Making farming competitive

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Making farming competitive

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In the spring of 2013, I visited a greenhouse in Hwaong, a piece of reclaimed land in Hwaseong, Gyeonggi, operated by Dongbu Farm Hannong, a subsidiary of Dongbu Group at the time. It was more of a factory than a farm.

The greenhouse was over 100,000 square meters (25 acres). The sunlight, temperature and humidity were automatically controlled, and the nutrients were supplied through pipes. Production per unit area in the greenhouse was several times that of conventional farms.

While Dongbu promoted high-tech farming using the greenhouse, farmers’ organizations fiercely protested that conventional farming would suffer, and Dongbu gave up on the project. The farmers did not trust Dongbu’s promise that all the products grown at the greenhouse would be exported instead of sold domestically. Dongbu Farm Hannong suffered financial problems and was sold to LG.

This summer, LG and farmers’ groups have been in conflict over a project in Saemangeum, North Jeolla. LG CNS unveiled a plan to invest 380 billion won ($345 million) with foreign investors to build high-tech greenhouses and a research and development complex on a 762,000-square-meter plot of reclaimed land, a project called the “Smart Bio Park.” Farmers once again fiercely opposed the plan. The North Jeolla Provincial Assembly passed a resolution opposing LG’s entry into the farming industry. There are rumors that LG, discouraged by the opposition, may give up on the project.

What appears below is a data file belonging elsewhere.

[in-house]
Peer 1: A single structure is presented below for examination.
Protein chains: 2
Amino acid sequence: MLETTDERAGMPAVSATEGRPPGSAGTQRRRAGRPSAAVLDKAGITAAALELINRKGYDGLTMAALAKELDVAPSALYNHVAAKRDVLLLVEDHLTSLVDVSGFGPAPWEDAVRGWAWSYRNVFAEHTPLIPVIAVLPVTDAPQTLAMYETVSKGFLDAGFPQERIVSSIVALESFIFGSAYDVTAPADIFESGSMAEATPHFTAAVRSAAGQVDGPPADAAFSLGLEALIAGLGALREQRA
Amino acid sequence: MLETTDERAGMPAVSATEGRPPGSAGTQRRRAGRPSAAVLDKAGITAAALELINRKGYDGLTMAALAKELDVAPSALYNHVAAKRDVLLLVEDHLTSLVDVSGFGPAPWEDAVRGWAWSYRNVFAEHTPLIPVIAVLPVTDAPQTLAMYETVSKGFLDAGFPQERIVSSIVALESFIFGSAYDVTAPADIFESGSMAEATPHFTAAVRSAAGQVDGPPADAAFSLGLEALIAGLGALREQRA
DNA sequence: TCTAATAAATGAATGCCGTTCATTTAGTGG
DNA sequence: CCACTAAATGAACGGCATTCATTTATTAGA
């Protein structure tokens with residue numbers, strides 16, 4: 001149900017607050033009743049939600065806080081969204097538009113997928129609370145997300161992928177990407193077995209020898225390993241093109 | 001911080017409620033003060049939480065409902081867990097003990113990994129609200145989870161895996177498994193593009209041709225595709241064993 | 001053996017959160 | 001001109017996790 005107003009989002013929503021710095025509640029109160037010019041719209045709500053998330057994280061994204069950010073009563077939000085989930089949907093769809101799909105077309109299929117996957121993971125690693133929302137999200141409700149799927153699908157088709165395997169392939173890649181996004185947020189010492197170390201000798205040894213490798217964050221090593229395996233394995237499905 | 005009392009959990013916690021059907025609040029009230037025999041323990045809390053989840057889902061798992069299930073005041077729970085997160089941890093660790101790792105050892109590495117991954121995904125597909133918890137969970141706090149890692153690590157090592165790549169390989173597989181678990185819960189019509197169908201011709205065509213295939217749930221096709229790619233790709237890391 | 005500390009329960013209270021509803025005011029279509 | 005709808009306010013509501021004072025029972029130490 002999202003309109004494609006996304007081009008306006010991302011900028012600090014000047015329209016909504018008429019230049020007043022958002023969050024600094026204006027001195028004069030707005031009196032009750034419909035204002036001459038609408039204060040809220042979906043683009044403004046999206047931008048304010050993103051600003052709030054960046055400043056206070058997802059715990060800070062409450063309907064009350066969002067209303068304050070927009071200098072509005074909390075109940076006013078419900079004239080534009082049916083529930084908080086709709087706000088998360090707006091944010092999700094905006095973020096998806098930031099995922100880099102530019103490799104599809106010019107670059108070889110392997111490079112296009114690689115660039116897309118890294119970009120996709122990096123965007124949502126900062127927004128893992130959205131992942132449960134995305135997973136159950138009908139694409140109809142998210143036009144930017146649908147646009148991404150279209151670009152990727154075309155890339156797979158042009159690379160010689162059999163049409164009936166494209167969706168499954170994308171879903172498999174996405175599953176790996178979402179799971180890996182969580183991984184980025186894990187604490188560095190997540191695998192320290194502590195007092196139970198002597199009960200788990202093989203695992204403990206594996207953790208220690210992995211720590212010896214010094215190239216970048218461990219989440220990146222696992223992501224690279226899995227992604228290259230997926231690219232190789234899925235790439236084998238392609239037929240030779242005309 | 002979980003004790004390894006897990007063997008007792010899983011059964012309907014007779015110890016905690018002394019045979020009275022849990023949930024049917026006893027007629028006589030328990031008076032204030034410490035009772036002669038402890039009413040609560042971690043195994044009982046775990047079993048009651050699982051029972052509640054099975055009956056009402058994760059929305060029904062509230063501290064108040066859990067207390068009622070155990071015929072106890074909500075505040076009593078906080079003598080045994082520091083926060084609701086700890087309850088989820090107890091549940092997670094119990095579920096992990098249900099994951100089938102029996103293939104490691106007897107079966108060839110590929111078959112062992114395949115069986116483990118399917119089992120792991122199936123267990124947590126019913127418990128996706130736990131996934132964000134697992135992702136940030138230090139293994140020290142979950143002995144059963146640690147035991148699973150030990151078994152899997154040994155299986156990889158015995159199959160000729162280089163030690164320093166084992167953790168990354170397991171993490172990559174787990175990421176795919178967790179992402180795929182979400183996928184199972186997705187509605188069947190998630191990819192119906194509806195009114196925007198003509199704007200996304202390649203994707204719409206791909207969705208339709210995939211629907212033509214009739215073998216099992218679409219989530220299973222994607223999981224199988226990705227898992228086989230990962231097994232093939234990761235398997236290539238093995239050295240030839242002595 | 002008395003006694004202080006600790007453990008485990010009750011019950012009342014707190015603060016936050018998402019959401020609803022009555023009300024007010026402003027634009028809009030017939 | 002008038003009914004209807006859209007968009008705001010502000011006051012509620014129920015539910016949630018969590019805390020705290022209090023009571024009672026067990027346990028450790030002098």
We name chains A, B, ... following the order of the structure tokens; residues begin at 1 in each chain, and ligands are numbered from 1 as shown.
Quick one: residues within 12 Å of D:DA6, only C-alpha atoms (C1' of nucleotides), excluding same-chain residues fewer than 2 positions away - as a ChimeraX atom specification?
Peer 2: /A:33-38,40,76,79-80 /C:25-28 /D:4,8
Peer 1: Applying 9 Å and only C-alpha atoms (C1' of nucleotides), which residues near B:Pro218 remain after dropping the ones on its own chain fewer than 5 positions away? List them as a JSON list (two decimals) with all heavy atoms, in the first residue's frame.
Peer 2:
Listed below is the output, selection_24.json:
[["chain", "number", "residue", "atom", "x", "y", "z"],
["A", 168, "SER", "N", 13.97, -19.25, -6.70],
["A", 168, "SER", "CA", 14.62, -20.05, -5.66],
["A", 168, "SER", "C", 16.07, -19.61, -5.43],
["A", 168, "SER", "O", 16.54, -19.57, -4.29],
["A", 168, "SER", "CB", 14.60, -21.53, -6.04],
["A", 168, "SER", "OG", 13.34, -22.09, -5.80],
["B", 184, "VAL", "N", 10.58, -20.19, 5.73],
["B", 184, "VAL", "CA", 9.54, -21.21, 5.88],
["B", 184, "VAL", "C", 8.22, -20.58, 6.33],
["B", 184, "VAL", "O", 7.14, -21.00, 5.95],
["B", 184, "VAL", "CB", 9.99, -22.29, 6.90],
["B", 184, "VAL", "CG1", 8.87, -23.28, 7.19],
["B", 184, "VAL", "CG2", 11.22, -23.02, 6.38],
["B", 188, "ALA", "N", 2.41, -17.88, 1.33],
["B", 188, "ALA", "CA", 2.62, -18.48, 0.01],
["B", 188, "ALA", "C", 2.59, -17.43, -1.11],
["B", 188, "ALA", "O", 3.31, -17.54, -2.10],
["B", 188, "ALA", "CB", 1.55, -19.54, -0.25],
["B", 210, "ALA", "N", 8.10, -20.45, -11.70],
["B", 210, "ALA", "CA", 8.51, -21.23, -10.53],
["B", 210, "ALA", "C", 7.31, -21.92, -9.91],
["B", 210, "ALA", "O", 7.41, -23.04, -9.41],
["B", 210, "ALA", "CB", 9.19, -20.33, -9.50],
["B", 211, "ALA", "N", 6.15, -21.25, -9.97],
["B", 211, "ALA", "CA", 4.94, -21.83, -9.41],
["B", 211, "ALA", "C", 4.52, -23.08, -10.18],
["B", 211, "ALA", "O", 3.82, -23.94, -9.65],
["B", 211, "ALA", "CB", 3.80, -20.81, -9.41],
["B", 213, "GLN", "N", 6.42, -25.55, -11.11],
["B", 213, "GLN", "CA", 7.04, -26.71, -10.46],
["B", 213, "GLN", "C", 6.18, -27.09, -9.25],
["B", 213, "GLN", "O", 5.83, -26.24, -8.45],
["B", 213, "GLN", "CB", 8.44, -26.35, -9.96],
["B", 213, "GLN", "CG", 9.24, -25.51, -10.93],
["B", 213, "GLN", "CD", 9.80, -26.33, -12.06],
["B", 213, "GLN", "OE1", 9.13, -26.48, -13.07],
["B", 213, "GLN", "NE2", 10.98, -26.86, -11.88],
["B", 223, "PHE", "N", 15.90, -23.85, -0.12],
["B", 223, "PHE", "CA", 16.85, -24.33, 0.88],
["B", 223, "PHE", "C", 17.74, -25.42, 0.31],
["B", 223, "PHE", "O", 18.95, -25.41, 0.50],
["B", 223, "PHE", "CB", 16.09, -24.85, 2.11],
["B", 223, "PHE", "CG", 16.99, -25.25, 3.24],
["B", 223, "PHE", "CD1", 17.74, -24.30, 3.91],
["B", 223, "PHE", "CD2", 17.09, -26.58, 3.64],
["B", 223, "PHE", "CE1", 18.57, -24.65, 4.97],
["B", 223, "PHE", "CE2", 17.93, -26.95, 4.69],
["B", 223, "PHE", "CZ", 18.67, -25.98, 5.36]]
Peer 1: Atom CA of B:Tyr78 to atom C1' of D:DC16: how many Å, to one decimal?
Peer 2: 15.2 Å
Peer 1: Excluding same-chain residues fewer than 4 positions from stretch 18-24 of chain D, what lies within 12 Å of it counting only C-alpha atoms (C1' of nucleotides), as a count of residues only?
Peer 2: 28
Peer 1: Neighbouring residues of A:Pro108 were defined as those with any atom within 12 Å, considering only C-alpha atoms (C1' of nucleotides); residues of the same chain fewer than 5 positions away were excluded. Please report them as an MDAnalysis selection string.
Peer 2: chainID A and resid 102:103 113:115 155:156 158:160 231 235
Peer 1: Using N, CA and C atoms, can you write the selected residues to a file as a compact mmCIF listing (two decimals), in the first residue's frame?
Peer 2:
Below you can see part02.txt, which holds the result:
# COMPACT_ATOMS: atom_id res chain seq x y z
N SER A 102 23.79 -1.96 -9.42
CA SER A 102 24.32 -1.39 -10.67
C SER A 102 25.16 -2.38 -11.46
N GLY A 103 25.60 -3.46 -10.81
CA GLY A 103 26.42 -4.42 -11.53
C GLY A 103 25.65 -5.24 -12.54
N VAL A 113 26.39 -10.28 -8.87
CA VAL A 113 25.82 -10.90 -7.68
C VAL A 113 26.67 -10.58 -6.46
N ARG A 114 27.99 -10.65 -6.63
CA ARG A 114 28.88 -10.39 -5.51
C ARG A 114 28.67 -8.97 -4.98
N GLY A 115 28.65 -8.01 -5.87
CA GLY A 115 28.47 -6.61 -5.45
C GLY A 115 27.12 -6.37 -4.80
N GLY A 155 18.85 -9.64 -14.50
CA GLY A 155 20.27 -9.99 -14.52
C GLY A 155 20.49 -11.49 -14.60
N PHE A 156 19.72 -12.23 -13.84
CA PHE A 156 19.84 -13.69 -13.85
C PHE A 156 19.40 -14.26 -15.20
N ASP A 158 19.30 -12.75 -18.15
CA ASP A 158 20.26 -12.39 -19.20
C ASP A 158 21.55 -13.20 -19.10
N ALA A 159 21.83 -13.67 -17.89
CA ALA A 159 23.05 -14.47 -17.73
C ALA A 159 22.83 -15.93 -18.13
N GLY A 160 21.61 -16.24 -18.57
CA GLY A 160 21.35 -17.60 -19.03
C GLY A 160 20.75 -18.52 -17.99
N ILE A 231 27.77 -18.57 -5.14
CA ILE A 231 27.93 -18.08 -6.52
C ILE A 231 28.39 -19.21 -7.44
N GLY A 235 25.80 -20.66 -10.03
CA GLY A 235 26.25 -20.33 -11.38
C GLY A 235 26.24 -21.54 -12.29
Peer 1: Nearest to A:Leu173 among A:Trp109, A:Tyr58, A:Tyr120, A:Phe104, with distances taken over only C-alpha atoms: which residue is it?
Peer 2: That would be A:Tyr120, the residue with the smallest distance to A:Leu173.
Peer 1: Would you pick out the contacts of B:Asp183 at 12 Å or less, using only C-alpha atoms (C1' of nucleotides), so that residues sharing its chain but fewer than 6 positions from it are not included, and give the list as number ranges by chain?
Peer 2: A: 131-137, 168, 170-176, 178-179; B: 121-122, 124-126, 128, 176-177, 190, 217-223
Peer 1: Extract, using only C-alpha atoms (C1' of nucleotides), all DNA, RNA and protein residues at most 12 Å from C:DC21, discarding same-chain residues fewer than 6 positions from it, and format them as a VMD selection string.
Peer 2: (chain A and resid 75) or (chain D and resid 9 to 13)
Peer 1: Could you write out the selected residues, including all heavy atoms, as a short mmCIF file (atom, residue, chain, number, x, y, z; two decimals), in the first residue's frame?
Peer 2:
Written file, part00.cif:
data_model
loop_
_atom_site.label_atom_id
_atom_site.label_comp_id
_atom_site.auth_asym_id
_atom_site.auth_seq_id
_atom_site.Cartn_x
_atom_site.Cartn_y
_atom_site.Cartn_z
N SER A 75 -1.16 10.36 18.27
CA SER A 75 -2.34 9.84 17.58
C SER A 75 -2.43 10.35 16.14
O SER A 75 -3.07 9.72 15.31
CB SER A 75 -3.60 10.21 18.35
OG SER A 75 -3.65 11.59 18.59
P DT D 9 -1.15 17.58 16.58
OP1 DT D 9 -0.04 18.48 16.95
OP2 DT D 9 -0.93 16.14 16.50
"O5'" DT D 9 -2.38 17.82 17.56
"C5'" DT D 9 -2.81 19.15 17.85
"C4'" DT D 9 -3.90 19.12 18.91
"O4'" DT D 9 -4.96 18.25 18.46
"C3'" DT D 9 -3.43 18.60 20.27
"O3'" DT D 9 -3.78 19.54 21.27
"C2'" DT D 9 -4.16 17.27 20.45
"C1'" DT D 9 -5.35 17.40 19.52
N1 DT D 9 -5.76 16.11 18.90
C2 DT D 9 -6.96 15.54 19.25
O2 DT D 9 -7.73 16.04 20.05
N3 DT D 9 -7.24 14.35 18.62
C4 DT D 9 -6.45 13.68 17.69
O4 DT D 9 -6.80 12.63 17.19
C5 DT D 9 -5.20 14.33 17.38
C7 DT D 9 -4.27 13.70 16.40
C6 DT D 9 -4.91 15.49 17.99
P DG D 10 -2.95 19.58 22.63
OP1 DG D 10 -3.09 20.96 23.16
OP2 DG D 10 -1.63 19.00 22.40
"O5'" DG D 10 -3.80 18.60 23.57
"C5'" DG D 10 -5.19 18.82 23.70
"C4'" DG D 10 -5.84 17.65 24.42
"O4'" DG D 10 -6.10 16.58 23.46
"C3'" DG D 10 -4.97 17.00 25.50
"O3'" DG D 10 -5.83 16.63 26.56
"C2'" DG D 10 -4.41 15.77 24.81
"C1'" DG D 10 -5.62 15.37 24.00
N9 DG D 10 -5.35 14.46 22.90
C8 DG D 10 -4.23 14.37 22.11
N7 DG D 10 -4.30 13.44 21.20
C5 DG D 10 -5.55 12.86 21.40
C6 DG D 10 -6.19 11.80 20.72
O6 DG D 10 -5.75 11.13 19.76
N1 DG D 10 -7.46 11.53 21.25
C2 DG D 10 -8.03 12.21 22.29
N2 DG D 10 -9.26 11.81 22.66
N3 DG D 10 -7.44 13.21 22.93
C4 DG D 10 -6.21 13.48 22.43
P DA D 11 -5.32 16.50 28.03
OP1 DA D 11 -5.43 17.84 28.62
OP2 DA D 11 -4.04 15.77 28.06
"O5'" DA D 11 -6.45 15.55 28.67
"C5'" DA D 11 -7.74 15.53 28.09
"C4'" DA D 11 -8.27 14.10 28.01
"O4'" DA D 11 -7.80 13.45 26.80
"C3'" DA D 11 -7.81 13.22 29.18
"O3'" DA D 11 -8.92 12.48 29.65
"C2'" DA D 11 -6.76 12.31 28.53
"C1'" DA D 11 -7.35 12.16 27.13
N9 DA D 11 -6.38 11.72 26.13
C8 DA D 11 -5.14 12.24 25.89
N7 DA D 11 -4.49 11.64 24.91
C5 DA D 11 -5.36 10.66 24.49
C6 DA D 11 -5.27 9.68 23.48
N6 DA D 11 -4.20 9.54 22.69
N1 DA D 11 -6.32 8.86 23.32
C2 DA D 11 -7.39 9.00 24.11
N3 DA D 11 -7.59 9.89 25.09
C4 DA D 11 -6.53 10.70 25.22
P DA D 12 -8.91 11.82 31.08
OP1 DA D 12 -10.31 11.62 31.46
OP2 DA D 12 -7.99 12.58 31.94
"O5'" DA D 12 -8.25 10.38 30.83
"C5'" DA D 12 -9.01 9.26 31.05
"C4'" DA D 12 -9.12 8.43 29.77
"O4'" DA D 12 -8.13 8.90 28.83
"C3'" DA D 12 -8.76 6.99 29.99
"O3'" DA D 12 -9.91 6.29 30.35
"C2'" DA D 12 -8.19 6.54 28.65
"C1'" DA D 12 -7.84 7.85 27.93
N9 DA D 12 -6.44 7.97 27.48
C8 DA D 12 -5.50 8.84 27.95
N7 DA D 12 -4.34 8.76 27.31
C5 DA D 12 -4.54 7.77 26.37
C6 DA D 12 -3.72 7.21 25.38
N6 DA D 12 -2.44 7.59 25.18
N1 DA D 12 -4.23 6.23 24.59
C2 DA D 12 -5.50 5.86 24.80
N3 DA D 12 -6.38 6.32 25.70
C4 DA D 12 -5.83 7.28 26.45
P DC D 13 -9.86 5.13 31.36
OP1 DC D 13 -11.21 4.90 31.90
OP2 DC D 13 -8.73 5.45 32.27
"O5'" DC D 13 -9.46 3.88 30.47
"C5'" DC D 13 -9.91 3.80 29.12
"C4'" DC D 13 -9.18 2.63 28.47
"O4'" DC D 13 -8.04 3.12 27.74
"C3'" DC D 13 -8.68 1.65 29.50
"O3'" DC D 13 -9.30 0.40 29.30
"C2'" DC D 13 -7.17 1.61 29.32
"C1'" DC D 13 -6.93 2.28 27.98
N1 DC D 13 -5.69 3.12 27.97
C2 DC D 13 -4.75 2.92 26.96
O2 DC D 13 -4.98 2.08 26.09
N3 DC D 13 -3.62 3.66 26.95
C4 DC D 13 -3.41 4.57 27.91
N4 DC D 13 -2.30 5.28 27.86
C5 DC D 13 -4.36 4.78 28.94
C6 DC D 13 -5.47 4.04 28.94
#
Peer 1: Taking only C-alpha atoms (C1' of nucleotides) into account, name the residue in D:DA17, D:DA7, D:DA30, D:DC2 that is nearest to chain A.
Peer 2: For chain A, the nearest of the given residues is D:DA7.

Integrating farming with the latest technology is a global trend, an effort to enhance competitiveness. China and Australia promote large-scale smart farm complexes. In Japan, major corporations such as Sumitomo Mitsui and Toyota are involved in farming. Korea’s farming industry, though, is still unglamorous. The farming population is growing older, and farms are mostly small. Agriculture only makes up 2 percent of Korea’s GDP.

In order to save farming and nurture it as an industry of the future, the latest technology and major investment are necessary. It is not an easy task. Farming is not an industry where competitiveness is the priority. Dongbu failed to persuade farmers, and LG is likely to follow.

There is little trust between farmers and corporations. The price paid from the discord is significant. Dongbu invested 46.7 billion won on the greenhouse but had to sell it to a midsize company for 17 billion won. While the farmers obstructed the large enterprise from entering farming, they didn’t gain anything. The company that acquired the greenhouse is selling tomatoes in the domestic market during a “grace period for exports.”
It is exactly what farmers had been opposing. In April 2013, at the height of the discord between corporations and farmers, the government set up a committee to promote understanding and cooperation between farmers and businesses. What are the government and committee doing now? They seem to have meetings once in a while, but the committee website hasn’t been updated since June 2014.

JoongAng Ilbo, Aug. 15, Page 30


*The author is the deputy national news editor of the JoongAng Ilbo.

YEOM TAE-JEONG

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